Monday, May 19. 2008
This week's meager selection follows the same rules as last week's: first pass notes based on listening to music only, no packaging, rather minimal research, all grades tentative. Didn't get very far, as the experiment was suspended when I hit the road from Detroit. Just got back to Wichita late Monday. In between, I took a long detour through northern Arkansas, northeast Oklahoma, and southeast Kansas, visiting relatives, none of whom provided me with internet connections. Didn't drag the music inside either, and tended to listen to old Louis Jordan and Johnny Cash comps while driving.
Got home only to find a mountain of mail, roughly four feet in diameter, over a foot high. Haven't opened anything yet, but will start working on it tomorrow, so next week should see a belated return to normalcy here. (Maybe not instantly: I still need to figure out how to integrate the new laptop into the setup; in the meantime, working on the laptop is relatively unproductive.)
As noted before, Jazz CG #16 came out last week. I didn't send out the usual notice because I didn't have the address list handy, but will do so soon. Also haven't done the usual intercycle cull and some of the related bookkeeping. Something else to try to get done this week. One bit of good news is that the threat to make Jazz CG online only has lifted. Don't fully understand the crisis, but it looks to be temporary, and editor Rob Harvilla appears to be strongly committed to the column.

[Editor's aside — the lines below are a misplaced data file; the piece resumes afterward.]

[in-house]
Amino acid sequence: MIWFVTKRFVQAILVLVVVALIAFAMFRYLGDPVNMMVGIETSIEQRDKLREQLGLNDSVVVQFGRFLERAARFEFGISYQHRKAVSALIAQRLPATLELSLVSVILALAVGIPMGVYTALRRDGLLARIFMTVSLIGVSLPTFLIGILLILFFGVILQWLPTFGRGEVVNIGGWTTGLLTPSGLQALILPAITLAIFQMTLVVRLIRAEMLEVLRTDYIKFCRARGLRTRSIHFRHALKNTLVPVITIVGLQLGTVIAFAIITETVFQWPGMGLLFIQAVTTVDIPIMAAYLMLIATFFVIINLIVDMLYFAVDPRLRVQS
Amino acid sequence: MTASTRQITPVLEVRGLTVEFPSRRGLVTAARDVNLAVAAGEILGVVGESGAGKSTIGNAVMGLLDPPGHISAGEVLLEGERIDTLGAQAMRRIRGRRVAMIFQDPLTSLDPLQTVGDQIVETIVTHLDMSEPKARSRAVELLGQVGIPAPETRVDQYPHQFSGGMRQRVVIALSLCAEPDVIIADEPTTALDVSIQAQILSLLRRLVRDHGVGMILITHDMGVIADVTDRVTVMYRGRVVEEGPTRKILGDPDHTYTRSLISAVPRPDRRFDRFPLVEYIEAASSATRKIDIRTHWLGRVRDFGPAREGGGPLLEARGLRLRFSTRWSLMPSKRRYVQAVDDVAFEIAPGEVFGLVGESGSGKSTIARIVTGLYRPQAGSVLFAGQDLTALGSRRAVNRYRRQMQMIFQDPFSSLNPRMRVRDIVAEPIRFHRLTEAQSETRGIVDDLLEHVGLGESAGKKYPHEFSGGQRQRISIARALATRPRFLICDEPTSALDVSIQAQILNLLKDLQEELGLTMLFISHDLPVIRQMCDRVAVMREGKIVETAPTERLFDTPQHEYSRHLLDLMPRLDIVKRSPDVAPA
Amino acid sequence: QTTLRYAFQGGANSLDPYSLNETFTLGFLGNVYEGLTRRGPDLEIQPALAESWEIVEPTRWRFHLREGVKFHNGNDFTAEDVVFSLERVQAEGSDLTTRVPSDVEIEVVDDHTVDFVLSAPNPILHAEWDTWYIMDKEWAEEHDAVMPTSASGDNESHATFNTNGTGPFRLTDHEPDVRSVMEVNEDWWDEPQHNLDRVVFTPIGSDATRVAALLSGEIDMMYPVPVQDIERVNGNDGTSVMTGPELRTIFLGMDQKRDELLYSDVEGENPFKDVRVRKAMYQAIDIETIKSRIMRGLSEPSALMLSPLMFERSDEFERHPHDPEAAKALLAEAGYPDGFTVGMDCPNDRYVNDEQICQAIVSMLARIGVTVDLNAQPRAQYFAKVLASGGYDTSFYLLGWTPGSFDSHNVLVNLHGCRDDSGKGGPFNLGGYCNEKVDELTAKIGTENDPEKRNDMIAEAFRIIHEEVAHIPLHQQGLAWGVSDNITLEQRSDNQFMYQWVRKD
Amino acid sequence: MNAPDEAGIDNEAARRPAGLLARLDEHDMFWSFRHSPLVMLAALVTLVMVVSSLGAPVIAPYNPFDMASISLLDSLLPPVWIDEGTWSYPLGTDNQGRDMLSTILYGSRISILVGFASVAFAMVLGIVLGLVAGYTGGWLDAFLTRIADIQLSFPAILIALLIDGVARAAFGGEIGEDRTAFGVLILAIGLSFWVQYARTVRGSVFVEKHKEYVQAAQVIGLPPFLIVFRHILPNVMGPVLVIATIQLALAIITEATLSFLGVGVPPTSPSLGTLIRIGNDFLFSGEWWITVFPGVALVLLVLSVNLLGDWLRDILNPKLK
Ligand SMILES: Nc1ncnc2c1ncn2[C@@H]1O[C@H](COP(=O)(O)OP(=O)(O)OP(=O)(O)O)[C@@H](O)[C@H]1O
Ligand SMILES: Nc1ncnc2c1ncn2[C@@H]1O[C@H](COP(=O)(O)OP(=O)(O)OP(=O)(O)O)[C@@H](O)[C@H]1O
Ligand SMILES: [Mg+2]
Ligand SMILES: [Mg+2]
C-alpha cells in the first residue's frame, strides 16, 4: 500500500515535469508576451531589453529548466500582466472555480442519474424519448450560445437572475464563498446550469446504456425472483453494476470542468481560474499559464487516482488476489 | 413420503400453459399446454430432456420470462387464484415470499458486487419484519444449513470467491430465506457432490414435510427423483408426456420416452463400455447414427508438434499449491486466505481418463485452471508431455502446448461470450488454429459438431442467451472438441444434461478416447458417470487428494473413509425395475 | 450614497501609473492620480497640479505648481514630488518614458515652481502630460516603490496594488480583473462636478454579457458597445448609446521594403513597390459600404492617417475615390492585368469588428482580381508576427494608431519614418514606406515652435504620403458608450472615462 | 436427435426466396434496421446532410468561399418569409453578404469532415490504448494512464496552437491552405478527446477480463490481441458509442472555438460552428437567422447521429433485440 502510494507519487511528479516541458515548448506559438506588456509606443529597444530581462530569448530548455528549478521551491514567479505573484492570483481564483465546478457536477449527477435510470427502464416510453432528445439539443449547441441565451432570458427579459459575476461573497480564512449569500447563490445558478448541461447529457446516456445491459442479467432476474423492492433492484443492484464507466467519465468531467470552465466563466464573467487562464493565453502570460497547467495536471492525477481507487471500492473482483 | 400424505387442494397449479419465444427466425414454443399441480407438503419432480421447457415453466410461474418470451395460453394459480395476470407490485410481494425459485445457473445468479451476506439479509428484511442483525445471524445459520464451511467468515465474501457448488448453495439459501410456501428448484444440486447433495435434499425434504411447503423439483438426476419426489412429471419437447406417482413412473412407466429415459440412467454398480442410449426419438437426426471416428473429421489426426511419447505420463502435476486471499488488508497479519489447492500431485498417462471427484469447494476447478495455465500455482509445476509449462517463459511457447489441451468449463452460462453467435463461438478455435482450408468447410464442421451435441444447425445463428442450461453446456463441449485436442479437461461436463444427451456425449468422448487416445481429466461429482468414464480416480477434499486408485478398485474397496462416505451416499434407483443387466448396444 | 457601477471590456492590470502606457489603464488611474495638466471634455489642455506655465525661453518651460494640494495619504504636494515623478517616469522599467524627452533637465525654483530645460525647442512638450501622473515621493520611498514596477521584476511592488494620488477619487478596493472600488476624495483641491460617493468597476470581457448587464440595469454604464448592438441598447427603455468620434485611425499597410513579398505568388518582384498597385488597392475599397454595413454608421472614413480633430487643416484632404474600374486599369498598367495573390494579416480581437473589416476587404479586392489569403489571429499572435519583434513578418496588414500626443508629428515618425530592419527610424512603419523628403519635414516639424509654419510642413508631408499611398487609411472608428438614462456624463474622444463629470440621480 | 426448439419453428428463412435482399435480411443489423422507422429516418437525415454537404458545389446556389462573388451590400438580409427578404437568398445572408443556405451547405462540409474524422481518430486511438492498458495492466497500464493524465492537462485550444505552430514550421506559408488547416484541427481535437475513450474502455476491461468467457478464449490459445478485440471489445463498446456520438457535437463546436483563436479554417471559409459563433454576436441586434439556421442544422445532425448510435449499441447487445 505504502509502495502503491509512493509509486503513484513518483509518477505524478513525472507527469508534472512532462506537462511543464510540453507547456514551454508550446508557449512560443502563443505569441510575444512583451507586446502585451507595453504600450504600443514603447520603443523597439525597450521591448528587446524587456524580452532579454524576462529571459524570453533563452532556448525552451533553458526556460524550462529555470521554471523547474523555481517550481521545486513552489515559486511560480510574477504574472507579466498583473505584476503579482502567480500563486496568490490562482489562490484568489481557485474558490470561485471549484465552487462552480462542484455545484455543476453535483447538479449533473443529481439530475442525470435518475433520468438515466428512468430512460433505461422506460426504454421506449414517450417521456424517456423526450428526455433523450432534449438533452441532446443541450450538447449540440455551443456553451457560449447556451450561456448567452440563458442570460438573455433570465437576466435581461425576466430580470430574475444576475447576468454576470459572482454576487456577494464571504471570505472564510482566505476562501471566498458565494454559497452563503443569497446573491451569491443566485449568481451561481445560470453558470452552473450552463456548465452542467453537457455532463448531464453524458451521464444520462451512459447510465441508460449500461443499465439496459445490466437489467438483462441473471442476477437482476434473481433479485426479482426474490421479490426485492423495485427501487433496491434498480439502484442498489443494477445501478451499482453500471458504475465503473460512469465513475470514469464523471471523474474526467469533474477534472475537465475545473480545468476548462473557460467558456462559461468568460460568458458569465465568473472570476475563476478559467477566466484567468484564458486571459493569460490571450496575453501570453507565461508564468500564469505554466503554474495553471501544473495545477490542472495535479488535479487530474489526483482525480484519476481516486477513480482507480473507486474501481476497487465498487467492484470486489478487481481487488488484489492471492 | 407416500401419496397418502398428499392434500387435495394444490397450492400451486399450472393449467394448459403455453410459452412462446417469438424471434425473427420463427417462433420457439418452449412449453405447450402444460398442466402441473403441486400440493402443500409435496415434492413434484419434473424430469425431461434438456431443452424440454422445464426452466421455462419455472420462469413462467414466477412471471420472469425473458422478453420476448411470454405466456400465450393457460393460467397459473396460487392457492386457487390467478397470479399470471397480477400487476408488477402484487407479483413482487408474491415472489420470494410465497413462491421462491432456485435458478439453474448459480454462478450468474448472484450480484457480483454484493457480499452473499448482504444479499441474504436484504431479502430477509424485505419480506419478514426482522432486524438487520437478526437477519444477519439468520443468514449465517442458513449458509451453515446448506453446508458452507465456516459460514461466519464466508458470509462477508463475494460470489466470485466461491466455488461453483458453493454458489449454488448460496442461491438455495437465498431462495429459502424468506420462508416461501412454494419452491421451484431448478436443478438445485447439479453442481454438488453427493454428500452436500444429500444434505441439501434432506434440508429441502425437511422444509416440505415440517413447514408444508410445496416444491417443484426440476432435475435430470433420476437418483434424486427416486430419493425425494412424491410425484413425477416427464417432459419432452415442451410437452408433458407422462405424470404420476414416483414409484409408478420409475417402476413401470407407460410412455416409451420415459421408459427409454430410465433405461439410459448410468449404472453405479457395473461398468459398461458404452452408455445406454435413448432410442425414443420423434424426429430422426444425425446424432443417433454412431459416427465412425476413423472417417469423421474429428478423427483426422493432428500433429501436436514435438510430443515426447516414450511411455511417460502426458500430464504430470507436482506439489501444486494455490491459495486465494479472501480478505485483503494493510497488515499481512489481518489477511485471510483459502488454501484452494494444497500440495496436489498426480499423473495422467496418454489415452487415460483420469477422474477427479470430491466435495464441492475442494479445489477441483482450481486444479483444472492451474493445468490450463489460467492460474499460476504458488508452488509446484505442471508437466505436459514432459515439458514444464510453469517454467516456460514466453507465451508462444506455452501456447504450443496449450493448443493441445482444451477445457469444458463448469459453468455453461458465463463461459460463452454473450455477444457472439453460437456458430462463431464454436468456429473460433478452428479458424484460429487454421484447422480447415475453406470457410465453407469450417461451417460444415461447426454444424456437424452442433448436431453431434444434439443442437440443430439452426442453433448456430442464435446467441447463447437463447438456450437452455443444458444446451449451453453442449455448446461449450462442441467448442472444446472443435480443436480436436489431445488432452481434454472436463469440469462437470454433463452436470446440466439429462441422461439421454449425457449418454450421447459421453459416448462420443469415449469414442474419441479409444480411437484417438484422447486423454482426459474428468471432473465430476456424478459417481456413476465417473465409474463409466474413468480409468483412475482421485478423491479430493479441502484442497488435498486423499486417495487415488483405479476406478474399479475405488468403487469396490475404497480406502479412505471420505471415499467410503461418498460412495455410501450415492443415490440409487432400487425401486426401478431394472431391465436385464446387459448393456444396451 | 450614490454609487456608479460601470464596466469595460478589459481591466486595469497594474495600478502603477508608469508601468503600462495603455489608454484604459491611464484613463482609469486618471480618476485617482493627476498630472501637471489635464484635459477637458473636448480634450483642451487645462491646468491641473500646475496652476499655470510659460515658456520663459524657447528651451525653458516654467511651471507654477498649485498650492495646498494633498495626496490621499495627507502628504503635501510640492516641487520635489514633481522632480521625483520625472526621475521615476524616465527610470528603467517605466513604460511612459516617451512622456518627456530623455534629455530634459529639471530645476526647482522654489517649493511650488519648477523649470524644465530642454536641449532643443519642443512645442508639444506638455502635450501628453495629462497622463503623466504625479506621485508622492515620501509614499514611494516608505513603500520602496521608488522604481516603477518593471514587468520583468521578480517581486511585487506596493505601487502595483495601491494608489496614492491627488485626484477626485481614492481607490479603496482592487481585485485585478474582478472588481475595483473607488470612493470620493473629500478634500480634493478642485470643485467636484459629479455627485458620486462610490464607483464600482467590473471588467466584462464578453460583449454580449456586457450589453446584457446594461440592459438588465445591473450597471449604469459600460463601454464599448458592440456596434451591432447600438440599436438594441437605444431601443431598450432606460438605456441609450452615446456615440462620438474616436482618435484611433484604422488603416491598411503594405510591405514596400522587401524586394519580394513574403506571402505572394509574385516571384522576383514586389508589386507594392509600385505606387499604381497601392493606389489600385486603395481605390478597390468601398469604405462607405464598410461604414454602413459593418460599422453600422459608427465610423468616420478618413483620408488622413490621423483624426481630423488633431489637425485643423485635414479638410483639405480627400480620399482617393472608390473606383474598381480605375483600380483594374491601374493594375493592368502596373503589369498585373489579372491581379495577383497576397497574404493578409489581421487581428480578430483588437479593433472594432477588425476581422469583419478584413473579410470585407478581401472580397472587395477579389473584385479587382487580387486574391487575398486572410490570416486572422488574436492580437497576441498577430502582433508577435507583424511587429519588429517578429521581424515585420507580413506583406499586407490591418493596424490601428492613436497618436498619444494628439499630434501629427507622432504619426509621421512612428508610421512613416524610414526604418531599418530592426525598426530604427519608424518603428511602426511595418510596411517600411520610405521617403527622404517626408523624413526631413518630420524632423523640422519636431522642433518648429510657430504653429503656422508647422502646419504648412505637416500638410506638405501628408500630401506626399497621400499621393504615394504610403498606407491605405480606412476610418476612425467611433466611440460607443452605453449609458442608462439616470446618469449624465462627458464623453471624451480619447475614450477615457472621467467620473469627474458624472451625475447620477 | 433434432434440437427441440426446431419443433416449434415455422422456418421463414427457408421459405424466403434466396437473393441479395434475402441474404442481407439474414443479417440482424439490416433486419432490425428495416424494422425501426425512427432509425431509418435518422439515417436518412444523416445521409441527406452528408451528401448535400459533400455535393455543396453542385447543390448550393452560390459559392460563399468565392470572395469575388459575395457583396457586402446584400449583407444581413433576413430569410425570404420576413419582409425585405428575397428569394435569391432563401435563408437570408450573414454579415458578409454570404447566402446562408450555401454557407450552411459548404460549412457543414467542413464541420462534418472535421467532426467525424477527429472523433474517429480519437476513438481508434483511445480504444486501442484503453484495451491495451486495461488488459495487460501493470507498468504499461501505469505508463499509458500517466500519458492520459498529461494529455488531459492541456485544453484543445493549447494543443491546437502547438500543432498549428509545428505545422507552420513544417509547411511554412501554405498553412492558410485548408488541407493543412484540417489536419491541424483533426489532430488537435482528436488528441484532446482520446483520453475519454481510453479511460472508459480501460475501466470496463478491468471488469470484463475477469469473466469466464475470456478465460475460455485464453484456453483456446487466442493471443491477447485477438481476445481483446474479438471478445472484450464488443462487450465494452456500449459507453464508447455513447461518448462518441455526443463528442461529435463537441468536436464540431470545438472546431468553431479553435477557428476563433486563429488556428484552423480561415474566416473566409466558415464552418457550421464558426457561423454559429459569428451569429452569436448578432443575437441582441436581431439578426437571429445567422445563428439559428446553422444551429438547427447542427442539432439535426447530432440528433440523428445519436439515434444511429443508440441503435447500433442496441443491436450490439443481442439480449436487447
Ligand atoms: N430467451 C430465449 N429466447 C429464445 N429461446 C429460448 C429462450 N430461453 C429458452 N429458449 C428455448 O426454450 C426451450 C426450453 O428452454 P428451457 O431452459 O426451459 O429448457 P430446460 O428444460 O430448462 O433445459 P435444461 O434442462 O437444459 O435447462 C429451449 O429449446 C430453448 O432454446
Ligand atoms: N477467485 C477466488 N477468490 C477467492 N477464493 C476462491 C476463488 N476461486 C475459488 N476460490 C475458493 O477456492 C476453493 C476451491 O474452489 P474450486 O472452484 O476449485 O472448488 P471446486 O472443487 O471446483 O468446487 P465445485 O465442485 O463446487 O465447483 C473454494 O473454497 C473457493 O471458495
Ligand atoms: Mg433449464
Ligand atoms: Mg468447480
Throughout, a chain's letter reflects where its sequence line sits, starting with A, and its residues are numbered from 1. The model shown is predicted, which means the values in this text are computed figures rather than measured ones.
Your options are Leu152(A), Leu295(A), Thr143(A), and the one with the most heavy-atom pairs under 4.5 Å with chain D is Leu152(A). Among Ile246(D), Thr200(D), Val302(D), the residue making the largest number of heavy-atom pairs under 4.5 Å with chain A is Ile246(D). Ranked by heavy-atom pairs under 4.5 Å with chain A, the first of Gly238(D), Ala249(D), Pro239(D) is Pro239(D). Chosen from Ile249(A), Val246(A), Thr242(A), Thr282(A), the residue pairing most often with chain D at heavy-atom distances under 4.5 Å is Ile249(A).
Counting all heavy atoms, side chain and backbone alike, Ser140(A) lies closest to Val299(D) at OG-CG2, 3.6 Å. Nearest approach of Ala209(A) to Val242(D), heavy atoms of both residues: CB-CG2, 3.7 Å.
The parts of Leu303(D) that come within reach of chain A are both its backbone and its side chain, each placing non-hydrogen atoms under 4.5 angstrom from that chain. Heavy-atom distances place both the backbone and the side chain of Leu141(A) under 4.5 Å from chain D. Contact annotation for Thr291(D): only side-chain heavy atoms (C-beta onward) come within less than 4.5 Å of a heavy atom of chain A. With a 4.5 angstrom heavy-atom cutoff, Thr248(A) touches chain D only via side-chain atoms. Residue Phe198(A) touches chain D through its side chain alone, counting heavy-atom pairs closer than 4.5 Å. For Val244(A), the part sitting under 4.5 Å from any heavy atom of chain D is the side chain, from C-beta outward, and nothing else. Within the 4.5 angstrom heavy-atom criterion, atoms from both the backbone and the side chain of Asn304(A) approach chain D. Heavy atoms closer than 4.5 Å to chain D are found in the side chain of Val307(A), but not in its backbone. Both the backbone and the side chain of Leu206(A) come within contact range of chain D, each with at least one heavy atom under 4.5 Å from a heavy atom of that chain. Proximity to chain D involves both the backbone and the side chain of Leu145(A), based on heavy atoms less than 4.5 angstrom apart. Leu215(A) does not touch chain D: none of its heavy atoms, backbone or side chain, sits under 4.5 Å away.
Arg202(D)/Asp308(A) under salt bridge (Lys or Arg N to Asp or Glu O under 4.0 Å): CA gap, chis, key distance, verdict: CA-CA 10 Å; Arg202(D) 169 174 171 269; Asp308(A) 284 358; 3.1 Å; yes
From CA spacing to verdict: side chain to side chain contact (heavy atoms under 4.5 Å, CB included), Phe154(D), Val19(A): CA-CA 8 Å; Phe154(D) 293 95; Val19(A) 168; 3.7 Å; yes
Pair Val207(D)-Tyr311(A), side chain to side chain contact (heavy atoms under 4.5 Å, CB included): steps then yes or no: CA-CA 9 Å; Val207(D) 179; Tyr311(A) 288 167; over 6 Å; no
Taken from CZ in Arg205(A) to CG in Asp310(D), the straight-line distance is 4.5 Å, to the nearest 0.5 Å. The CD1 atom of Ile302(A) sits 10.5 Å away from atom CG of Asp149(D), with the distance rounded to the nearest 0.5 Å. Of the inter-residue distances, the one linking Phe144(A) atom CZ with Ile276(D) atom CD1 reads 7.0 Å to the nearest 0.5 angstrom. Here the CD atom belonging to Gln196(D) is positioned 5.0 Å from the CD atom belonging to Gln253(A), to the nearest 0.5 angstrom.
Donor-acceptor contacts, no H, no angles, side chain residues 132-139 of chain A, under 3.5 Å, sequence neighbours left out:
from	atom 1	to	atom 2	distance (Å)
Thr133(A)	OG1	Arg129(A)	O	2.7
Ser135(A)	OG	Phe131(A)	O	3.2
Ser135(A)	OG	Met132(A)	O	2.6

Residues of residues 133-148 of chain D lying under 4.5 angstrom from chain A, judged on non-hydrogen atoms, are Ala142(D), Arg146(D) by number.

Spring Heel Jack: Songs and Themes (2008, Thirsty Ear): John Coxon and Ashley Wales built up their brand name as DJs mixing techno, but parts of their hearts and/or brains were more attached to free jazz, resulting in a series of inconsistent, sporadically fetching records. The big names here are saxophonist John Tchicai and trumpeter Roy Campbell, with other oddities packed in like Orphy Robinson's vibes, J. Spaceman's guitar, and the leaders' samples. Doesn't add up, but now and then threatens to. [B] [advance]
Misha Alperin: Her First Dance (2006 , ECM): Ukrainian pianist, currently based in Norway. Has a couple of well regarded ECM albums from 1995-97, but little since. Everything in ECM's current batch (well, except for the Evan Parker) can be viewed as some sort of chamber music, but this one most of all. Unorthodox trio, with Arkady Shilkloper on French horn and flugelhorn and Anja Lechner on cello -- a combination that doesn't produce much momentum. [B+(*)] [advance]
Sal Mosca Quartet: You Go to My Head (2001-06 , Blue Jack Jazz): Pianist, studied under Lennie Tristano, recorded in Lee Konitz's group in 1949, recorded spottily over the years, often with Konitz, Warne Marsh, or here with Jimmy Halperin -- a saxophonist who sounds like one of the family. Mosca died in 2007 at age 80, so this is a memento as well as a very late showcase, covering standards like "How High the Moon" and the title track, standards like "Scrapple From the Apple" and "Groovin' High," and an appropriate non-standard: "Sub Conscious-Lee." [B+(***)]
Dafnis Prieto: Taking the Soul for a Walk (2008, Dafnison): Cuban drummer, made a big splash when he showed up in New York in 1999. I no longer have any doubts about his talent, but still haven't gotten the hang of his music -- mostly Afro-Cuban with those weird sharp rhythmic shifts, way too complex for my taste. But he manages his horns well here -- saxophonists Peter Apfelbaum and Yosvany Terry blend nicely on the relatively straight "Until the Last Minute," and Avishai Cohen's trumpet impresses. I may get the hang of it eventually. [B+(*)]
No final grades/notes this week on records put back for further listening the first time around.
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